little apple's Profile

Display Name: little apple
Member Since: 6/10/09

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Finally! I've been a fan of Perriand for years and have read extensively on her career. Totally one of the most unrecognized designers (let alone female), it's a shame that Corbu always was attributed to her work. If you look at the most famous pieces (the reclining lounge, the sofa, the side chair), everyone always mistakes it for Le Corbusier's design; fact of the matter is, he barely had any input in those (even Ms. Hoffman who wrote this AT article is giving him more than he deserves. He funded the project, which I suppose gives him some sense of ownership...). All the biographies will say that she designed them herself, and surprised him one night by inviting him to dinner to show him the completed designs. This is why they're actually quite tiny pieces of furniture as she was only about 5'2". Even DWR fails to recognize this! Read her autobiography, really, it's a great insight. Perriand was also quite off the beaten track for a woman of her time, it's fun to read about how she defied traditional women's roles; the necklace she is wearing in the first photo while reclining, for example, is a ball bearing necklace that she almost never took off. In the 1920's, that was sort of a big deal and she didn't exactly garner many fans as a result!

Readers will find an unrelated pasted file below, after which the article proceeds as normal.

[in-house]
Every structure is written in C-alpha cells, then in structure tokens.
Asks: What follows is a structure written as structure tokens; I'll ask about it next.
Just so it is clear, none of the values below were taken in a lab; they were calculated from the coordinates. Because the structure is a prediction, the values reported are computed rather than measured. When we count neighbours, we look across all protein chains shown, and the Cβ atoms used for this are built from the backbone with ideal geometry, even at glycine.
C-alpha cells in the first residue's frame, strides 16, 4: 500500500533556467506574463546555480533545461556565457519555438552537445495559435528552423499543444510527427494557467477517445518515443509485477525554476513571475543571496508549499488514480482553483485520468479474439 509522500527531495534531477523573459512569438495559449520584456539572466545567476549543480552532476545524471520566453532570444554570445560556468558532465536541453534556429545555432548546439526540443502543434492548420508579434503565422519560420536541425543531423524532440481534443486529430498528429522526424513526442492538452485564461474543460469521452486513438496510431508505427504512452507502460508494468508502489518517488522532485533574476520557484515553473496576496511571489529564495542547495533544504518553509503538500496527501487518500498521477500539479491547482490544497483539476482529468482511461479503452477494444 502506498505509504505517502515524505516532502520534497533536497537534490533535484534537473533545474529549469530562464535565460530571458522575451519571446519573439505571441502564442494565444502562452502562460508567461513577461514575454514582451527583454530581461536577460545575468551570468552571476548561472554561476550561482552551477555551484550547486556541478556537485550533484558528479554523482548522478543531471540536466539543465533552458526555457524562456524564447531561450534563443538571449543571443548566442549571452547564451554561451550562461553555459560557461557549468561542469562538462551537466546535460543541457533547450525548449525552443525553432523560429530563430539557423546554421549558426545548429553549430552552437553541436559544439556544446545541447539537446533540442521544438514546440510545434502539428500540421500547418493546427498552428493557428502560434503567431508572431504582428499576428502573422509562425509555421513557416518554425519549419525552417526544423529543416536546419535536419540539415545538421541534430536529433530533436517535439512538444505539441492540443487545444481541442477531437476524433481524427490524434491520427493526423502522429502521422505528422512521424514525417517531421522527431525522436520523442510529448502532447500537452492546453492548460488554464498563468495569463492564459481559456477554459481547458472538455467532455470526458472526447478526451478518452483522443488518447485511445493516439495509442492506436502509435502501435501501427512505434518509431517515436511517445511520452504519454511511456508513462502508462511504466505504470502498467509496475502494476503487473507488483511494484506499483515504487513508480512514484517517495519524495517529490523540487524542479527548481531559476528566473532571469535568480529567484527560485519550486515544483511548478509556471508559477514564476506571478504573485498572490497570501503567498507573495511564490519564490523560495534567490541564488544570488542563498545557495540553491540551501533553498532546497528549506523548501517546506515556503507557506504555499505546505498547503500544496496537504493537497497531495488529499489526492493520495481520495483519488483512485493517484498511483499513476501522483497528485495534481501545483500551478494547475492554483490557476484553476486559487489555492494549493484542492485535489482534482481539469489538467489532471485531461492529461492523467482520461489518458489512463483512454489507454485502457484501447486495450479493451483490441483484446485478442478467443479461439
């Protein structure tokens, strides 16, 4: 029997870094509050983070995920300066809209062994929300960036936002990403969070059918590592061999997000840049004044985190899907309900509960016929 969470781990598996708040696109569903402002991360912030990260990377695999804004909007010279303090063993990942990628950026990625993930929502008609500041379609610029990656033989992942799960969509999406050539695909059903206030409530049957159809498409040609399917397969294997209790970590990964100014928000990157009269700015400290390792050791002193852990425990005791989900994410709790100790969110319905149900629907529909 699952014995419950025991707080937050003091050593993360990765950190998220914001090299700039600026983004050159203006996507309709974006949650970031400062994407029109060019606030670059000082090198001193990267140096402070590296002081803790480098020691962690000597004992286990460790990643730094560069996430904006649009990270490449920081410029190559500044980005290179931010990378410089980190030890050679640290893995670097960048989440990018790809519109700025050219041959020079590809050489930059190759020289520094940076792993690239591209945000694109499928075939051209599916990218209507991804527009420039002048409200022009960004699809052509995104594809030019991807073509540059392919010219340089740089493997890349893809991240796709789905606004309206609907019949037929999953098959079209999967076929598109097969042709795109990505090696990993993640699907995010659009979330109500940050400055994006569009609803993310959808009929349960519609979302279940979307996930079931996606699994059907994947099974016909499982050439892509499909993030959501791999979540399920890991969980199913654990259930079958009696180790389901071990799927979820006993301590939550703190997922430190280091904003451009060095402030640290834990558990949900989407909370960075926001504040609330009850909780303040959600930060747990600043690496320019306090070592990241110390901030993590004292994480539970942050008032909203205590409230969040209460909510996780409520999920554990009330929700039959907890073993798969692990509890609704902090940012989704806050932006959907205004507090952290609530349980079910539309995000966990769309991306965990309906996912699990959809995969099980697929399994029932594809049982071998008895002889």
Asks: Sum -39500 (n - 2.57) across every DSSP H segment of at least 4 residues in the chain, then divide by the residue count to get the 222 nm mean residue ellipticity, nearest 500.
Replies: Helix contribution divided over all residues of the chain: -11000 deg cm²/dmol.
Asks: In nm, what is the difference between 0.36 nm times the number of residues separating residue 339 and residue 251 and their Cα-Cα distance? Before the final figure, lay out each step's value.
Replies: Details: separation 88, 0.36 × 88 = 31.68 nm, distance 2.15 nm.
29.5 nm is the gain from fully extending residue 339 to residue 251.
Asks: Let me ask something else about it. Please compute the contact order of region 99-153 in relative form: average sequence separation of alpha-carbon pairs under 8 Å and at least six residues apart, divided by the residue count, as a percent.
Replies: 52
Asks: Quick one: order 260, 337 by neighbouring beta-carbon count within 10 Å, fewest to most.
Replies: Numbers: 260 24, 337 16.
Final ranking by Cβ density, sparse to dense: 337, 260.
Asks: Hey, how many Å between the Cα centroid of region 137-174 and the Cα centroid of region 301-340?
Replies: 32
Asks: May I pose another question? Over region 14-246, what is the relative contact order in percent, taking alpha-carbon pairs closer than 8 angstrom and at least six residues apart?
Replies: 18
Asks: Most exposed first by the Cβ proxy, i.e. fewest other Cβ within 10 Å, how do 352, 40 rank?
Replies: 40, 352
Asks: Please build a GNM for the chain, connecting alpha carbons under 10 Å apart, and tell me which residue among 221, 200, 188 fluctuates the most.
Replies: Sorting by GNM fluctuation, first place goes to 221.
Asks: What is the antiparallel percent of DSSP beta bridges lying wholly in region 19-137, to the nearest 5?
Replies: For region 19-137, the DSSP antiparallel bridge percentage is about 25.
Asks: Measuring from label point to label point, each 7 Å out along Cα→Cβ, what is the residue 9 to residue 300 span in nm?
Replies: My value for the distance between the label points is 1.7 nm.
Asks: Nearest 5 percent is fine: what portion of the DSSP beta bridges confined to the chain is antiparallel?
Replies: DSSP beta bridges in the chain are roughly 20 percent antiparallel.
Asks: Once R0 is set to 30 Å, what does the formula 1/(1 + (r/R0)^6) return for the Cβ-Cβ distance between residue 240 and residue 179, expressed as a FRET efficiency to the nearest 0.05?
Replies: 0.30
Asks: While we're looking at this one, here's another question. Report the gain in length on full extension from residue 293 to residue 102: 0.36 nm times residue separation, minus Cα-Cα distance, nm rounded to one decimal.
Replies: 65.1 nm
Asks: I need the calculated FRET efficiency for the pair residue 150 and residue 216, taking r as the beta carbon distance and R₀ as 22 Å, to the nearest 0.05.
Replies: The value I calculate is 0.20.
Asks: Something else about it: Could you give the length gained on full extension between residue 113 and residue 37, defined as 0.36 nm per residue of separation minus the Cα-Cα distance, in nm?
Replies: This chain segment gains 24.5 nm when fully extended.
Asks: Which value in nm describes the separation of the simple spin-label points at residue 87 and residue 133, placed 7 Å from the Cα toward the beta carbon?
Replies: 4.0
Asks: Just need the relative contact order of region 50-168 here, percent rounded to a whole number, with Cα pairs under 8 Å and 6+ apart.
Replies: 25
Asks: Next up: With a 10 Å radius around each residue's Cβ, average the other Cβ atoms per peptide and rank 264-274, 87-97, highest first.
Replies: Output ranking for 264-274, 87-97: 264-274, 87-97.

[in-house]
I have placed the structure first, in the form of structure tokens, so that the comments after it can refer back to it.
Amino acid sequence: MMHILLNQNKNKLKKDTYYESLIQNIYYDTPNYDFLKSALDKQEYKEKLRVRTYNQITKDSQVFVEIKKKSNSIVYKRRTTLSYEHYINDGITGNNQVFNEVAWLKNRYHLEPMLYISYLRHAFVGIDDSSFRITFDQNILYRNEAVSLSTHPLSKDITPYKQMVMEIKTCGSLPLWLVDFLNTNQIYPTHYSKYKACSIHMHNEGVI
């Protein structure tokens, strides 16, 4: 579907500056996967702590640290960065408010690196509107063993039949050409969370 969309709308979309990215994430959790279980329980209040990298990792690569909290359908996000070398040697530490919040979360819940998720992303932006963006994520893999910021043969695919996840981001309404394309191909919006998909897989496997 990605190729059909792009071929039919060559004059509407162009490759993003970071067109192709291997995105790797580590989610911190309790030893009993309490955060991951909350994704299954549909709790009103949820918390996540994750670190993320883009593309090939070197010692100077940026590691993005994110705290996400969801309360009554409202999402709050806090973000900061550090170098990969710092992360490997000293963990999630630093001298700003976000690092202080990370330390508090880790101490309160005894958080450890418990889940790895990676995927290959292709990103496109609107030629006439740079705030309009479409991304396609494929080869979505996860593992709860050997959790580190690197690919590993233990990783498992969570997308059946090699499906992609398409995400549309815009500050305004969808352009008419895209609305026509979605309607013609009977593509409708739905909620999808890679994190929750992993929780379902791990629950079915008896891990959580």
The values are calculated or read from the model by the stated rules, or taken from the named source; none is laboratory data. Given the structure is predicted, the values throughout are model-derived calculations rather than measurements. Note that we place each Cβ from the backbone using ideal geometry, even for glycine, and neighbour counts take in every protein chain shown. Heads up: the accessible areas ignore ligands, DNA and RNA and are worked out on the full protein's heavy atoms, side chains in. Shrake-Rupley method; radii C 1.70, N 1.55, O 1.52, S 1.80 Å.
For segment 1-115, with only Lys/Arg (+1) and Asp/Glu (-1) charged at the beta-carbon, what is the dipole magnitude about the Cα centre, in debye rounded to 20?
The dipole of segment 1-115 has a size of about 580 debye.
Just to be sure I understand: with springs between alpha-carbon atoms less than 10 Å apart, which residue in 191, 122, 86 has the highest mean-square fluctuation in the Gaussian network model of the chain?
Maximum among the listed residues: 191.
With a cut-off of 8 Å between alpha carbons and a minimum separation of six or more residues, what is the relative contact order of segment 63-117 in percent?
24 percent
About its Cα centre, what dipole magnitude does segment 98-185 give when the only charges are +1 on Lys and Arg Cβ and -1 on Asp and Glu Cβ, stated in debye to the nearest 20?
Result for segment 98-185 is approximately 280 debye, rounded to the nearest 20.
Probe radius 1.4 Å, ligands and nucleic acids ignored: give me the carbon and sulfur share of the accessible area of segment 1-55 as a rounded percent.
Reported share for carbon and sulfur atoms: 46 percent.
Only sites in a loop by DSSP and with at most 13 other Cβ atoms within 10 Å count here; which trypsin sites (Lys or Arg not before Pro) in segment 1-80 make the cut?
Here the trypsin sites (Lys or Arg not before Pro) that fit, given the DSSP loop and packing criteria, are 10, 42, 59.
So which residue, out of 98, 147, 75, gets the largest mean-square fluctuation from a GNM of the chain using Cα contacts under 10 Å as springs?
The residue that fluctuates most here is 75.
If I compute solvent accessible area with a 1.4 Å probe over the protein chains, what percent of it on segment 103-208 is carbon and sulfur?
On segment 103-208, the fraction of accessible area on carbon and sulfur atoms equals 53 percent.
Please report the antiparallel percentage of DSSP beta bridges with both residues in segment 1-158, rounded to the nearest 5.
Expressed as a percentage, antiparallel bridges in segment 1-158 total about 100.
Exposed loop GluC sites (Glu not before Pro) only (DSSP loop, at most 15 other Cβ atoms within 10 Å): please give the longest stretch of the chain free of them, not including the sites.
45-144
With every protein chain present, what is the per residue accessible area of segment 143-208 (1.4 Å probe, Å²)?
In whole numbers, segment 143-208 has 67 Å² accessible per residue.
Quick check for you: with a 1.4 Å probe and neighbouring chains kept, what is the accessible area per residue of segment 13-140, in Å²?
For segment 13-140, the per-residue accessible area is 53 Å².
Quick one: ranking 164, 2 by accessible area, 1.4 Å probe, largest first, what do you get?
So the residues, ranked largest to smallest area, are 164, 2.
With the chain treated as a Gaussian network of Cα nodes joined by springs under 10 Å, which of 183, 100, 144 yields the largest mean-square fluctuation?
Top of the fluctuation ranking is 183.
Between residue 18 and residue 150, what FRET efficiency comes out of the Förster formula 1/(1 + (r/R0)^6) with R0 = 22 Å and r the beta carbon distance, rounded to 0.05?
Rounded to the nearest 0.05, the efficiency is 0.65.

Apartment Therapy New York | Corb Your Enthusiasm: Charlotte Perriand, The Woman Behind Le Corbusier's Furniture Designs Retrospect
10/15/09 02:20 PM

I'm from Chicago and have just moved back after living in Denver for 5 years. I'll be honest and say that I'm not quite in love with Chicago after being gone for so long and god help me if I'm not out by 2016.

But still, it's a beautiful city. I give great tours with pride when friends come to visit.

It will NOT be a beautiful city if the Olympics come. Most people have stated the obvious - taxes, traffic, etc.